Singing Lessons for Gospel

I spent most of my life and singing and teaching career in Los Angeles and New York before relocating to Atlanta.  One thing the South is blessed with is a plethora of great Gospel singers and Gospel choirs, many of whom have come to my Sing Like a Star Studios for vocal lessons and training.

Most of the singers I have worked with who sing primarily Gospel style have two things in common- dynamic levels that range from loud to louder to loudest, and the tendency to sing only in the chest voice, and push the chest voice too high.

Gospel singing originated in the slave days of working in the fields, and much of it is modeled on the “call and response” style, where a soloist sings a line and the congregation either repeats that same line, or sings a complementary line.  Since the music evolved from an oral tradition, rather than written music, it had to be learned by ear and handed down from one generation to the next.  The music is also very emotional, heartfelt, and stirring to listen to, and often emotional expression and volume seem to go hand in hand.

I have worked with many praise team leaders and choir members who find themselves hoarse and vocally tired on Monday after singing several services on Sunday.  The reason for this is dynamic extravagance paired with the tendency to sing only in the chest voice, without the balance of a developed mix in the upper register.

One thing I have to point out to these clients is that it is virtually impossible for the human voice to “out-sing electricity”.  That means that, no matter how loud the band is playing (and it can get REALLY loud onstage when everyone is feeling high emotions), the singers have to be more moderate in volume, and let the sound person turn them up in the house mix.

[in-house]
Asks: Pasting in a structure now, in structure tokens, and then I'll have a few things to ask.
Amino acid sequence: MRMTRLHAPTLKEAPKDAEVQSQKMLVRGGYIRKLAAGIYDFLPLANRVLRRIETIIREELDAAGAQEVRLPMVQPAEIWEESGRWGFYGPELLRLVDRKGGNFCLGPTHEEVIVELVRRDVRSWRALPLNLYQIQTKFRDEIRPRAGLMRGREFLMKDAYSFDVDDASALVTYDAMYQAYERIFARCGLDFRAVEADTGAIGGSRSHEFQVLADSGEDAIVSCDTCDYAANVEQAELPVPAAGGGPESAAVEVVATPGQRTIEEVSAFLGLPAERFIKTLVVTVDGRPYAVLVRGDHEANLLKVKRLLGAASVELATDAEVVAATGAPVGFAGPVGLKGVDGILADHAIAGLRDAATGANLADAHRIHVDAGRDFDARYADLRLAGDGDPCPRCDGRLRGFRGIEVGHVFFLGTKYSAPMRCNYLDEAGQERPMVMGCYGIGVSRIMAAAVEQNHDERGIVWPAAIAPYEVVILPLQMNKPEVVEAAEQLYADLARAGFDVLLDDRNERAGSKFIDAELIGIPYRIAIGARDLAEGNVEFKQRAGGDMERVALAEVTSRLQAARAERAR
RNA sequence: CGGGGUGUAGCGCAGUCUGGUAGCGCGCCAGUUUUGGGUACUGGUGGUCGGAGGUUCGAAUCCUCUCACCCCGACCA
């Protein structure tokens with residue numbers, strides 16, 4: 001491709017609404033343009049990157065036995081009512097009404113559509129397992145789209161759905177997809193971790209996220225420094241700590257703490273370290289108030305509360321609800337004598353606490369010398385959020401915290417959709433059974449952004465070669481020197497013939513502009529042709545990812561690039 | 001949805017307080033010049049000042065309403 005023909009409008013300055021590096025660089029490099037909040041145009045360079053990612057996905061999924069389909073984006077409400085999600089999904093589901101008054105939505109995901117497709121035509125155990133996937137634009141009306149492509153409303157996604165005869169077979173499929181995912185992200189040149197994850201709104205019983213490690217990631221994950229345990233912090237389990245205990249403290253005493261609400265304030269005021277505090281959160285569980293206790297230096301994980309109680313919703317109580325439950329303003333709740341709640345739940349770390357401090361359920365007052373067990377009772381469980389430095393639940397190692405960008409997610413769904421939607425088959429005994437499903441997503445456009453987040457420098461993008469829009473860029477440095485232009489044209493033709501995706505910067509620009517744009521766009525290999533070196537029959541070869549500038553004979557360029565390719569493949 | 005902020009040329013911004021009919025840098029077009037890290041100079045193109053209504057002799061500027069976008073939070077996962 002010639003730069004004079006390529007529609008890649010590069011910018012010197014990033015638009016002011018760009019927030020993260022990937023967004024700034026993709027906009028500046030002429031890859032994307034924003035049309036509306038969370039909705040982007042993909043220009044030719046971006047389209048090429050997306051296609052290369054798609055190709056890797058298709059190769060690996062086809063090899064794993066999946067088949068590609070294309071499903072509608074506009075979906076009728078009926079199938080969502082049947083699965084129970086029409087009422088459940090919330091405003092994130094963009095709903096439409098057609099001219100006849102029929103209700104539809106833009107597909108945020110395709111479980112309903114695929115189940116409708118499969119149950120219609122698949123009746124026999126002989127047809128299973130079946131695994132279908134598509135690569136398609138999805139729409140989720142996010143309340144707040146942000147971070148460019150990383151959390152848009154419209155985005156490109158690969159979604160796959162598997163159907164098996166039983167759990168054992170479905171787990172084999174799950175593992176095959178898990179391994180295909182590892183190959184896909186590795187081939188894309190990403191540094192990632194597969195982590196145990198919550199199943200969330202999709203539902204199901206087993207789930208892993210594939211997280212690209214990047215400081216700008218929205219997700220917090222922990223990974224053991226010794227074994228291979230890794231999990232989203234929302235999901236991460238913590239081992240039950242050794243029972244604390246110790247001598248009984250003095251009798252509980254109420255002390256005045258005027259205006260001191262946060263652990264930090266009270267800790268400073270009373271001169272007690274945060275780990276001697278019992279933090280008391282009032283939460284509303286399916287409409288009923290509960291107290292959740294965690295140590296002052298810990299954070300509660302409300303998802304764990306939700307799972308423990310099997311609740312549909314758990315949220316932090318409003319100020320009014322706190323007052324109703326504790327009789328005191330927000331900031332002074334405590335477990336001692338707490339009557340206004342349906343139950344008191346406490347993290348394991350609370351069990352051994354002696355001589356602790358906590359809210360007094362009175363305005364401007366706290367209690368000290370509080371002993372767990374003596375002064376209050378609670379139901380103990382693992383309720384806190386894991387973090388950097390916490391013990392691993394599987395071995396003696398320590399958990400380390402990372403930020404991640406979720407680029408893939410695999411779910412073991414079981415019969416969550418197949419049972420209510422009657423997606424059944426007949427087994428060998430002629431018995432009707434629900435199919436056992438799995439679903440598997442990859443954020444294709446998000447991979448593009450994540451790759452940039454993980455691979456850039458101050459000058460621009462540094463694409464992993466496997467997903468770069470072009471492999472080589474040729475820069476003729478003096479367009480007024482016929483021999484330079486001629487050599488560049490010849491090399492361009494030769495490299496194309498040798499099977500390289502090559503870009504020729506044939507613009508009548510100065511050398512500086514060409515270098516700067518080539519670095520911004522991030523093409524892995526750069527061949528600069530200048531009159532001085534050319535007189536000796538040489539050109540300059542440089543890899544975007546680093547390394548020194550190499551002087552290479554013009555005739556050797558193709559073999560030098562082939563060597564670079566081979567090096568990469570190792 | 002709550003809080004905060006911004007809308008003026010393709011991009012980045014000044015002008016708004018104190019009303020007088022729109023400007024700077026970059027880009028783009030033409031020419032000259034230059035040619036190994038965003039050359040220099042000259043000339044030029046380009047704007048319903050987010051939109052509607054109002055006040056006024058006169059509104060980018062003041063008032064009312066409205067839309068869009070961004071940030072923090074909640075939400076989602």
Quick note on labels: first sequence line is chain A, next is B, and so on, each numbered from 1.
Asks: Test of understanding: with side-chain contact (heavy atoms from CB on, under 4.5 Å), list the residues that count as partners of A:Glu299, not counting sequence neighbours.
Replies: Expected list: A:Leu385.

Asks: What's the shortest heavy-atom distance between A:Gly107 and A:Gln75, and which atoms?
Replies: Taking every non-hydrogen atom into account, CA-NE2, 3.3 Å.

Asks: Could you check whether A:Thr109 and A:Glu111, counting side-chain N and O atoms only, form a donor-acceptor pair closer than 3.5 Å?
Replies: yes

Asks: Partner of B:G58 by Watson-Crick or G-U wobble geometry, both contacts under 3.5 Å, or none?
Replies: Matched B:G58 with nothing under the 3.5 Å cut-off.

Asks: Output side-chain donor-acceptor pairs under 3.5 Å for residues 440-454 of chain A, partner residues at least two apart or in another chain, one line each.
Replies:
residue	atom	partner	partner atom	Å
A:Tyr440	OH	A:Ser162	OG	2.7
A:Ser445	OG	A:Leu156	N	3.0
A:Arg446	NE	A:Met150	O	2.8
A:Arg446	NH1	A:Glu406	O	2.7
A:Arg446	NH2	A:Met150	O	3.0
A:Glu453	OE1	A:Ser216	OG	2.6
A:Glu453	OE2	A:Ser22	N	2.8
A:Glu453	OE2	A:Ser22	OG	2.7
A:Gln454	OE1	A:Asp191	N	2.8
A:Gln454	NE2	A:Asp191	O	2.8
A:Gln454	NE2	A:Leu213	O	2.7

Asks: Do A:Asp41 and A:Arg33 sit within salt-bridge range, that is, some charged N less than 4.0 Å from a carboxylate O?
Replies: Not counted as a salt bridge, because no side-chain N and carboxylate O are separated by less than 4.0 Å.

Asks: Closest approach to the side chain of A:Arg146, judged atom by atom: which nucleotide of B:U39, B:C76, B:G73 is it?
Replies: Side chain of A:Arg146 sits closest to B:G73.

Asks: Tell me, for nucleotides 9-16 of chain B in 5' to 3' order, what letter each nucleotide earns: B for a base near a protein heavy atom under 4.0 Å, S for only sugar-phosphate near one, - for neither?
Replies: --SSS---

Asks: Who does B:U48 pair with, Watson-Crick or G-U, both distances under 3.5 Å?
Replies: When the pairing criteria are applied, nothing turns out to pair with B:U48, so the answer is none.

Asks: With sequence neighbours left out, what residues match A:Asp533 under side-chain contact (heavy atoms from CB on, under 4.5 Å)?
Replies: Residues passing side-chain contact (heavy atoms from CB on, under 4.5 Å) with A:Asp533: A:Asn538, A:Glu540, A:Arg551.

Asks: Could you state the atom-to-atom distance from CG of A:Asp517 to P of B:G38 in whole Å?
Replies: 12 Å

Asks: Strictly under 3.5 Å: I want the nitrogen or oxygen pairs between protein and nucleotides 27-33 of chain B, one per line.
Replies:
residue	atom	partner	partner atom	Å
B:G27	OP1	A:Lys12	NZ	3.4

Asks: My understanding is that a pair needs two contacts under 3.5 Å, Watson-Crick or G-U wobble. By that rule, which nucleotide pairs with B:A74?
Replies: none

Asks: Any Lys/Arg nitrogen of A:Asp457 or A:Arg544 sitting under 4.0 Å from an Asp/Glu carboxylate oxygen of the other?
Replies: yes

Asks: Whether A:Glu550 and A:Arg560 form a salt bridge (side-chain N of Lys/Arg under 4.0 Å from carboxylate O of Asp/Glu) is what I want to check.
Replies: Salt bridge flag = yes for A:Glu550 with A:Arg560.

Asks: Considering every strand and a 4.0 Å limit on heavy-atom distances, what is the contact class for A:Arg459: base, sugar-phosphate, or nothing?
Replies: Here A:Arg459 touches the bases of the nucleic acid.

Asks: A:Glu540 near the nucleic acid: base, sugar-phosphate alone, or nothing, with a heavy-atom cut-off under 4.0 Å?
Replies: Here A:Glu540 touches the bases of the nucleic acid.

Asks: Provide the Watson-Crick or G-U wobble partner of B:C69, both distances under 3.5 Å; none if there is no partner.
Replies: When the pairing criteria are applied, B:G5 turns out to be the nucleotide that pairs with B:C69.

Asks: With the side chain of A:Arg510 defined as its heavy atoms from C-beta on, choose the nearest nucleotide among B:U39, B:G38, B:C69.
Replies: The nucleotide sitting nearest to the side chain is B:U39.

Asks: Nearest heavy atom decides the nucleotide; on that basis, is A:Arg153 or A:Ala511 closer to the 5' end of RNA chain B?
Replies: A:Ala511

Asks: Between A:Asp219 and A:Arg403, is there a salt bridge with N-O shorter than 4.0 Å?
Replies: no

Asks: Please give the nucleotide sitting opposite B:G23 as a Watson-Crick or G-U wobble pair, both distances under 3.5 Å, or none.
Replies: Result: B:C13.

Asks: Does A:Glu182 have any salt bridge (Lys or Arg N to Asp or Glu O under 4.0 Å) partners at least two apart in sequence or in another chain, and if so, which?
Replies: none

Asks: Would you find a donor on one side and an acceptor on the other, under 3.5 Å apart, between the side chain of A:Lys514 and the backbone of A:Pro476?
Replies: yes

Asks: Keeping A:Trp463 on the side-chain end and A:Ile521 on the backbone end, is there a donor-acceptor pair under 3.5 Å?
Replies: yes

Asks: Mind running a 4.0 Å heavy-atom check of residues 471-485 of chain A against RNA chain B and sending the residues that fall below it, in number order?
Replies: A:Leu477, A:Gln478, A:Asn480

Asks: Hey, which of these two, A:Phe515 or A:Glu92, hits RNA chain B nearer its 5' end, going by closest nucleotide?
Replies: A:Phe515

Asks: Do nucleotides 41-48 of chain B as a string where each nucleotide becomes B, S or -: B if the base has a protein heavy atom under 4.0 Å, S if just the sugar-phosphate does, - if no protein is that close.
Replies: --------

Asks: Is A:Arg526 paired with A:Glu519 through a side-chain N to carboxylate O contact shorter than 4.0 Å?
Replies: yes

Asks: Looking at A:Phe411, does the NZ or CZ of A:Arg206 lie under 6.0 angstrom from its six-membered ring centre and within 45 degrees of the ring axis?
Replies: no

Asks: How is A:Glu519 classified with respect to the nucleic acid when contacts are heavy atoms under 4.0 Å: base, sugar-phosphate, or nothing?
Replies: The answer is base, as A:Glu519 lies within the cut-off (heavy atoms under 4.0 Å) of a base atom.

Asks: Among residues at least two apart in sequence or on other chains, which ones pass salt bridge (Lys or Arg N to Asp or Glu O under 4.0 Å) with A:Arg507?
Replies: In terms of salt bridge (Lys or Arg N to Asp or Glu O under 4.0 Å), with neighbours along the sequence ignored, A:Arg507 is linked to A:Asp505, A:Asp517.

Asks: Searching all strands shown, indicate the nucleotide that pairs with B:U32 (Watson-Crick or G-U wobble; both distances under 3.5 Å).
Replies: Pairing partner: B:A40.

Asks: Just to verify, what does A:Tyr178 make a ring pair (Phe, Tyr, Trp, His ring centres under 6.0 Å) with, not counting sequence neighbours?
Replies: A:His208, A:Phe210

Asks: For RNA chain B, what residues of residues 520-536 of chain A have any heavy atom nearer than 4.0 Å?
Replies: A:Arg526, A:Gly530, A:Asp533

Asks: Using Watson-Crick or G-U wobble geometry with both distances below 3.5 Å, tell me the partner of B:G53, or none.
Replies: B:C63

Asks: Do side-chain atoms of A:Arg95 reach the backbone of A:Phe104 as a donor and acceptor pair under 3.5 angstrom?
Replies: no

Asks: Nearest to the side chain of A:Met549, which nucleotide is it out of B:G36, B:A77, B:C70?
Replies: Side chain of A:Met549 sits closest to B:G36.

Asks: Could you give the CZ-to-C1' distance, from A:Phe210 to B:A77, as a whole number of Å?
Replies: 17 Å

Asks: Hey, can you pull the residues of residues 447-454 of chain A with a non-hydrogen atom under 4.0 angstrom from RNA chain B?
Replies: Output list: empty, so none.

This is a hard lesson to learn, but learning to sing at a moderate volume means that your voice will be more consistent with fewer days off due to hoarseness.  I have to remind these singers “pushing and pressure are not the same as vocal power”.  That doesn’t mean you always have to sing like a wimp, but there is a “zone” of healthy dynamic volume in singing, and the wise singer stays in that zone always.  You should always feel that you have “head room”, that you could increase your volume at least 25% if you wanted to.

Let the sound engineer turn your volume up, and make sure the musicians are playing at a softer volume onstage so you can hear yourself in the monitors.

If you want to praise the Lord with your God-given vocal instrument, you have to learn to sing emotionally, but within the volume “zone” that will keep your voice healthy! And you also need to connect the lower, chest register to the upper, mix register to maintain the health of your voice.

 

I wish you all the best as you reach for your dreams!  Tricia Grey, MM

 

At Sing Like a Star Studios you can learn the vocal technique of the stars.  If you don’t live near Atlanta, you can take voice lessons with Skype. Please visit our website at www.singlikeastar.com and click on the GET STARTED tab to register for a professional vocal evaluation and consultation.

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